You served your country overseas, and you paid a price and came back with a disability. Some days, it feels like that’s going to stop you from taking advantage of the American dream you put your life on the line to protect.
Nothing can be further from the truth. Veteran’s health issues and disabilities (even mental health problems) are not a barrier to starting your own business, one of the cores of the American dream. Sure, it will take a lot of work, but that won’t scare you away, will it?
Choose What You Love
You are in love with the idea of being your own boss, and why wouldn’t you be? Everyone dreams of starting their own company. But what kind of business should you start? That depends a lot on what you love.
Being a successful entrepreneur takes passion and dedication. If you love baking, do you think you’d ever be successful in a cupcake startup? That’s why you need to pick something you love. Of course, it still needs to be marketable and meet a consumer’s need. But without a love for what you’re doing, you’ll soon learn to hate it.
Some disabled veterans and civilians have started their own business doing the following:
- Tech support: Offer on-site and remote help with computers, networking, and more.
- Copywriter/blogger: More and more companies want someone to write content for webpages and social media posts.
- Pet support: Some people need help walking and taking care of their pets.
- Artist: You don’t need to open a gallery. Sites like Etsy allow you to sell your art (in whatever medium works for you) online.
- Tutor: Whether in-person or online, many people need help learning.
Start With A Business Plan
Being a veteran, you know the importance of planning before executing. The same applies to starting your own business. Before you start applying for loans or grants, you need a proper business plan.
There are many versions and formats for such a plan, but one that works well is to consider five C’s:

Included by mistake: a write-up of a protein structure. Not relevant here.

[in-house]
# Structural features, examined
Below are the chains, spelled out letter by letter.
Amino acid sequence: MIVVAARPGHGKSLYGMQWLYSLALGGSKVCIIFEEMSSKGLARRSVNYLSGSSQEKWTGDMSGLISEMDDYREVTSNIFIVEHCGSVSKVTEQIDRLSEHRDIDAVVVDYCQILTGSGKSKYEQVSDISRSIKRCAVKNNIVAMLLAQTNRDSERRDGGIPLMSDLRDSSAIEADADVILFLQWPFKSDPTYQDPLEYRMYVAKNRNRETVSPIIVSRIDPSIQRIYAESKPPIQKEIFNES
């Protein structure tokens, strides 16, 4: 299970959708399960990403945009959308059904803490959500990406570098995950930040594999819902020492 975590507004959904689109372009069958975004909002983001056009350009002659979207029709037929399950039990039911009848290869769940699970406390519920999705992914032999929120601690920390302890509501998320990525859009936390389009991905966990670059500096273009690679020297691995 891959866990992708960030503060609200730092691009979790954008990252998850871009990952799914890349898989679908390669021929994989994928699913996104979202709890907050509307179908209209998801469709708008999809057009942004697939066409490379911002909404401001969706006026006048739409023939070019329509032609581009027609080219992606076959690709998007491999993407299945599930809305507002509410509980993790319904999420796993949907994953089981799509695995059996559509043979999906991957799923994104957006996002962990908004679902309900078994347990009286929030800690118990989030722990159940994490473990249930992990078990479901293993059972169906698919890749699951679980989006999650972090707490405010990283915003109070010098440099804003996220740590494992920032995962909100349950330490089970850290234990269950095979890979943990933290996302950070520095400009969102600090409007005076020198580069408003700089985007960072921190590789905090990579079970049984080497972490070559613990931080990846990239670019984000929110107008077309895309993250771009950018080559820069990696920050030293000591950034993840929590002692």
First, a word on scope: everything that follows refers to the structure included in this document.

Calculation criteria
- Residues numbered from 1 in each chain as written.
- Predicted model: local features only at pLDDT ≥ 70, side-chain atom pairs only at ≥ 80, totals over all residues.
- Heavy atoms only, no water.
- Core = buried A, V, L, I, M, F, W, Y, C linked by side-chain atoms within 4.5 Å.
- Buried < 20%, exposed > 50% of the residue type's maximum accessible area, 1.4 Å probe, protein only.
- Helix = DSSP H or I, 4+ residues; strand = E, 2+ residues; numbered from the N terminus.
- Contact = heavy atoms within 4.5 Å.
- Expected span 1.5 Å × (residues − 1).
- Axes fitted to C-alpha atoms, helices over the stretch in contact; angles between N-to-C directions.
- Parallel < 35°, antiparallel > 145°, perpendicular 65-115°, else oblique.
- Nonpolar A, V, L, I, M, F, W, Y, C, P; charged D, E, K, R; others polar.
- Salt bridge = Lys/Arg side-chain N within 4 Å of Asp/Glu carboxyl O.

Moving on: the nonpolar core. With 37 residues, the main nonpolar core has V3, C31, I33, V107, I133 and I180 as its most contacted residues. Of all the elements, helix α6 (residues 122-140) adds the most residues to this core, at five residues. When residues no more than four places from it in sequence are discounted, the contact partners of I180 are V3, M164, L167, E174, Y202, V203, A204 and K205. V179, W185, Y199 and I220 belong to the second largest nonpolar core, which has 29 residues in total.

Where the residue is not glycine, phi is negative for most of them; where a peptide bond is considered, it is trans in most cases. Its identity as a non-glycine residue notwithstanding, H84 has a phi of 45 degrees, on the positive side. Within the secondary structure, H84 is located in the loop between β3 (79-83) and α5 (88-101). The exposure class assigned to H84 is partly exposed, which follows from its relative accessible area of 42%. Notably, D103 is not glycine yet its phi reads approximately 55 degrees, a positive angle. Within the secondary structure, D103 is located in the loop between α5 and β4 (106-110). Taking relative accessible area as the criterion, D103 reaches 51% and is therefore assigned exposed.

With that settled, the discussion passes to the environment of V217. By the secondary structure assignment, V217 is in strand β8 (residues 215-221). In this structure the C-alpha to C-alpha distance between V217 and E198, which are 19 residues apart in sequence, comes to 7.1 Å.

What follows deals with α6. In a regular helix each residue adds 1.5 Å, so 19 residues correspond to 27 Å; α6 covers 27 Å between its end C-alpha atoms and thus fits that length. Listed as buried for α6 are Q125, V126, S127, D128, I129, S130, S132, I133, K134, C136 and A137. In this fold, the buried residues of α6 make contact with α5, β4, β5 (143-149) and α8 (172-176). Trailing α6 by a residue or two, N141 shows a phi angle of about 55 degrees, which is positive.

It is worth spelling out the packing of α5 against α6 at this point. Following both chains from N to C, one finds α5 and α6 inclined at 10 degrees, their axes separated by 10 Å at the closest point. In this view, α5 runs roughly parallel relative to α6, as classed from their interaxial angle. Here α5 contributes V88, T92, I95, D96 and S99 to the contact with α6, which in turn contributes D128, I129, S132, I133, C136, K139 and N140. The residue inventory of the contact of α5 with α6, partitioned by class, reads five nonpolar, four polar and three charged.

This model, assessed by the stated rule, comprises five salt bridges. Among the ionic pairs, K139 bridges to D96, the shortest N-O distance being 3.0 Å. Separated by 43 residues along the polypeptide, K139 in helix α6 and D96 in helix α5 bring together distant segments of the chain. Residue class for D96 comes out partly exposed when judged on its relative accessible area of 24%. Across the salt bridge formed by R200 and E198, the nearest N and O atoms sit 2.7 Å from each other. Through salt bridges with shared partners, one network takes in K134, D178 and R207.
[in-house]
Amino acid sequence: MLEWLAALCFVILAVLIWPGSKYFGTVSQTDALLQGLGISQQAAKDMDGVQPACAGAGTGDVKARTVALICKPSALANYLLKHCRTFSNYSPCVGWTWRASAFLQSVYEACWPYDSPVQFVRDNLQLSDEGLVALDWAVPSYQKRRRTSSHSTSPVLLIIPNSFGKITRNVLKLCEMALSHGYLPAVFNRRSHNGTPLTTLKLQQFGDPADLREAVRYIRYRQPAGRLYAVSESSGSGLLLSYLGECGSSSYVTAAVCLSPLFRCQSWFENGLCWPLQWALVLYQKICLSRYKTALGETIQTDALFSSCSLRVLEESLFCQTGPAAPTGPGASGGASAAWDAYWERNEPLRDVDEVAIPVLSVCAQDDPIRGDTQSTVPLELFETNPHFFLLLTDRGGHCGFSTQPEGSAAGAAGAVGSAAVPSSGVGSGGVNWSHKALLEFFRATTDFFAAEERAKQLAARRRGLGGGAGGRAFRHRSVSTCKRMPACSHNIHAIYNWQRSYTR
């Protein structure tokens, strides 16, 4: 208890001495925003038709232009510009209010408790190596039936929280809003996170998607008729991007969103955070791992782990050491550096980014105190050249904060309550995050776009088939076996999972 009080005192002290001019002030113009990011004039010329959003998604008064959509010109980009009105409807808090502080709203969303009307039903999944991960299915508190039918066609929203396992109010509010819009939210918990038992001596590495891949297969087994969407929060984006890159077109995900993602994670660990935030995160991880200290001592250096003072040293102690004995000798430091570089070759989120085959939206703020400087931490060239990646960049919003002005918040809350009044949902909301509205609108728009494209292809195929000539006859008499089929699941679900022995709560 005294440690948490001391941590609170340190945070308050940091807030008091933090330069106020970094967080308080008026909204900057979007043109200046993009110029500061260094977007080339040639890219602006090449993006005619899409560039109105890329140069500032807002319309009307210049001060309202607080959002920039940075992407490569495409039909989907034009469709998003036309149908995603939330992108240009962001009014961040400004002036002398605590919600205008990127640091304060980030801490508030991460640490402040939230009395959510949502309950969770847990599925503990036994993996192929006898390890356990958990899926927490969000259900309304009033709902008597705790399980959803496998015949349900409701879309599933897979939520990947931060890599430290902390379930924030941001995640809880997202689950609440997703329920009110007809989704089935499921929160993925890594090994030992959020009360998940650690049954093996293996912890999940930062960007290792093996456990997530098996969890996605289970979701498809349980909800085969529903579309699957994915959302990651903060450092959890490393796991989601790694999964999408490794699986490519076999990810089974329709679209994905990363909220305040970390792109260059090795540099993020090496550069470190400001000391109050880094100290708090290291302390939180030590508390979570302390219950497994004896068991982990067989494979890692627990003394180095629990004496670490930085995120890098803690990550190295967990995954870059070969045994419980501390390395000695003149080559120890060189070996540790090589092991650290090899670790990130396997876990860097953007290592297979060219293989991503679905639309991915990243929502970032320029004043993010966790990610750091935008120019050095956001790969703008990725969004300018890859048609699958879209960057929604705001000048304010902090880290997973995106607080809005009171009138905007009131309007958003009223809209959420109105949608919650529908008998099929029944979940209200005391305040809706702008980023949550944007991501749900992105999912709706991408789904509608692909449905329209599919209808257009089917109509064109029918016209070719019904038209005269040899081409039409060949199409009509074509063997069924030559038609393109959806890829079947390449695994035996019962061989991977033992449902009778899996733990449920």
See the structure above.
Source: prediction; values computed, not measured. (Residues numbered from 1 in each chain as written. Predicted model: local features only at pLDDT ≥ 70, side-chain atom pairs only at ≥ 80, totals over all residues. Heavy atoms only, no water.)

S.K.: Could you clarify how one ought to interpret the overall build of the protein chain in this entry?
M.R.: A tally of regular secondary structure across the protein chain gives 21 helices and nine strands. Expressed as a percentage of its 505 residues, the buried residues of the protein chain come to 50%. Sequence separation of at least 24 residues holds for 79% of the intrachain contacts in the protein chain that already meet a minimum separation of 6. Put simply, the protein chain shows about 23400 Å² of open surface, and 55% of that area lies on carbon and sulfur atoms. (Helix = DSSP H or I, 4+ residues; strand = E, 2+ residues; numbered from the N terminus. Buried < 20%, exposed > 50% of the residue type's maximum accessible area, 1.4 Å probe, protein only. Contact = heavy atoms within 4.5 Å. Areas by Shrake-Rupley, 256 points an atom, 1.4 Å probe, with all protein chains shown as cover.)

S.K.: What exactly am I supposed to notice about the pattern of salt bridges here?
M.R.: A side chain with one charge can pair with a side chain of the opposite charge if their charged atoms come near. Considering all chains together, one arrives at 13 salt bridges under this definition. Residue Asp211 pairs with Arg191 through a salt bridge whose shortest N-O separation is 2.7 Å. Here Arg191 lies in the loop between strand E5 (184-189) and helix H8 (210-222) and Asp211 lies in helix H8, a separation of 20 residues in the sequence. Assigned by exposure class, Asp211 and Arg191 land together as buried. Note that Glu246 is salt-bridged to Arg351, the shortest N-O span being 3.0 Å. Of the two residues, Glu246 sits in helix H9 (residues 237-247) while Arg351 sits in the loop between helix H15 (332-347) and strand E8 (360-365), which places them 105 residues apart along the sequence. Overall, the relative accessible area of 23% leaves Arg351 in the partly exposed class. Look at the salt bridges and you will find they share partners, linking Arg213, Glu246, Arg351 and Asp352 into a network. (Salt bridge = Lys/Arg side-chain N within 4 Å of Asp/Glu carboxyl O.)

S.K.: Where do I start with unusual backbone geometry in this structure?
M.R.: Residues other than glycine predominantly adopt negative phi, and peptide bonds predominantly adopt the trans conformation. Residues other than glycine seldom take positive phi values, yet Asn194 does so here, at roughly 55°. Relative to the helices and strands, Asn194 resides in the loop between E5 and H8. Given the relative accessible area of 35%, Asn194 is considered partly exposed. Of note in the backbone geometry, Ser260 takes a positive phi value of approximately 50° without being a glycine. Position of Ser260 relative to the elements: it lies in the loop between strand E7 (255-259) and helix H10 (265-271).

- Concept: What is your business about? What product or service will you offer customers, what are you goals, and why is this going to work for you?
- Capacity: Do you have what it takes to make your small business venture succeed? Do you have people with the right skills, and how will your veteran’s health issues affect things?
- Customers: What kind of people will be your customers, and how you will convince them to buy your good or service?
- Competition: Who will be your competition, and what’s your competitive edge?
- Cash flow: What is your break-even point, and can you project being able to operate without outside investment?
Some veterans with disabilities or mental health issues might be receiving benefits from social security. Can you still accept them if you start your own business? That depends. As a general rule, you won’t be eligible for such benefits if your small business income is more than $1,170 per month. There are ways to go over that, but if your small business is taking off, you might not need SSA benefits anyway.
Go For It
Veterans can enjoy several benefits when starting a new business. Don’t forget that many government offices want to pay businesses owned by veterans and people with disabilities. That can give you the edge you need to be successful in your new business.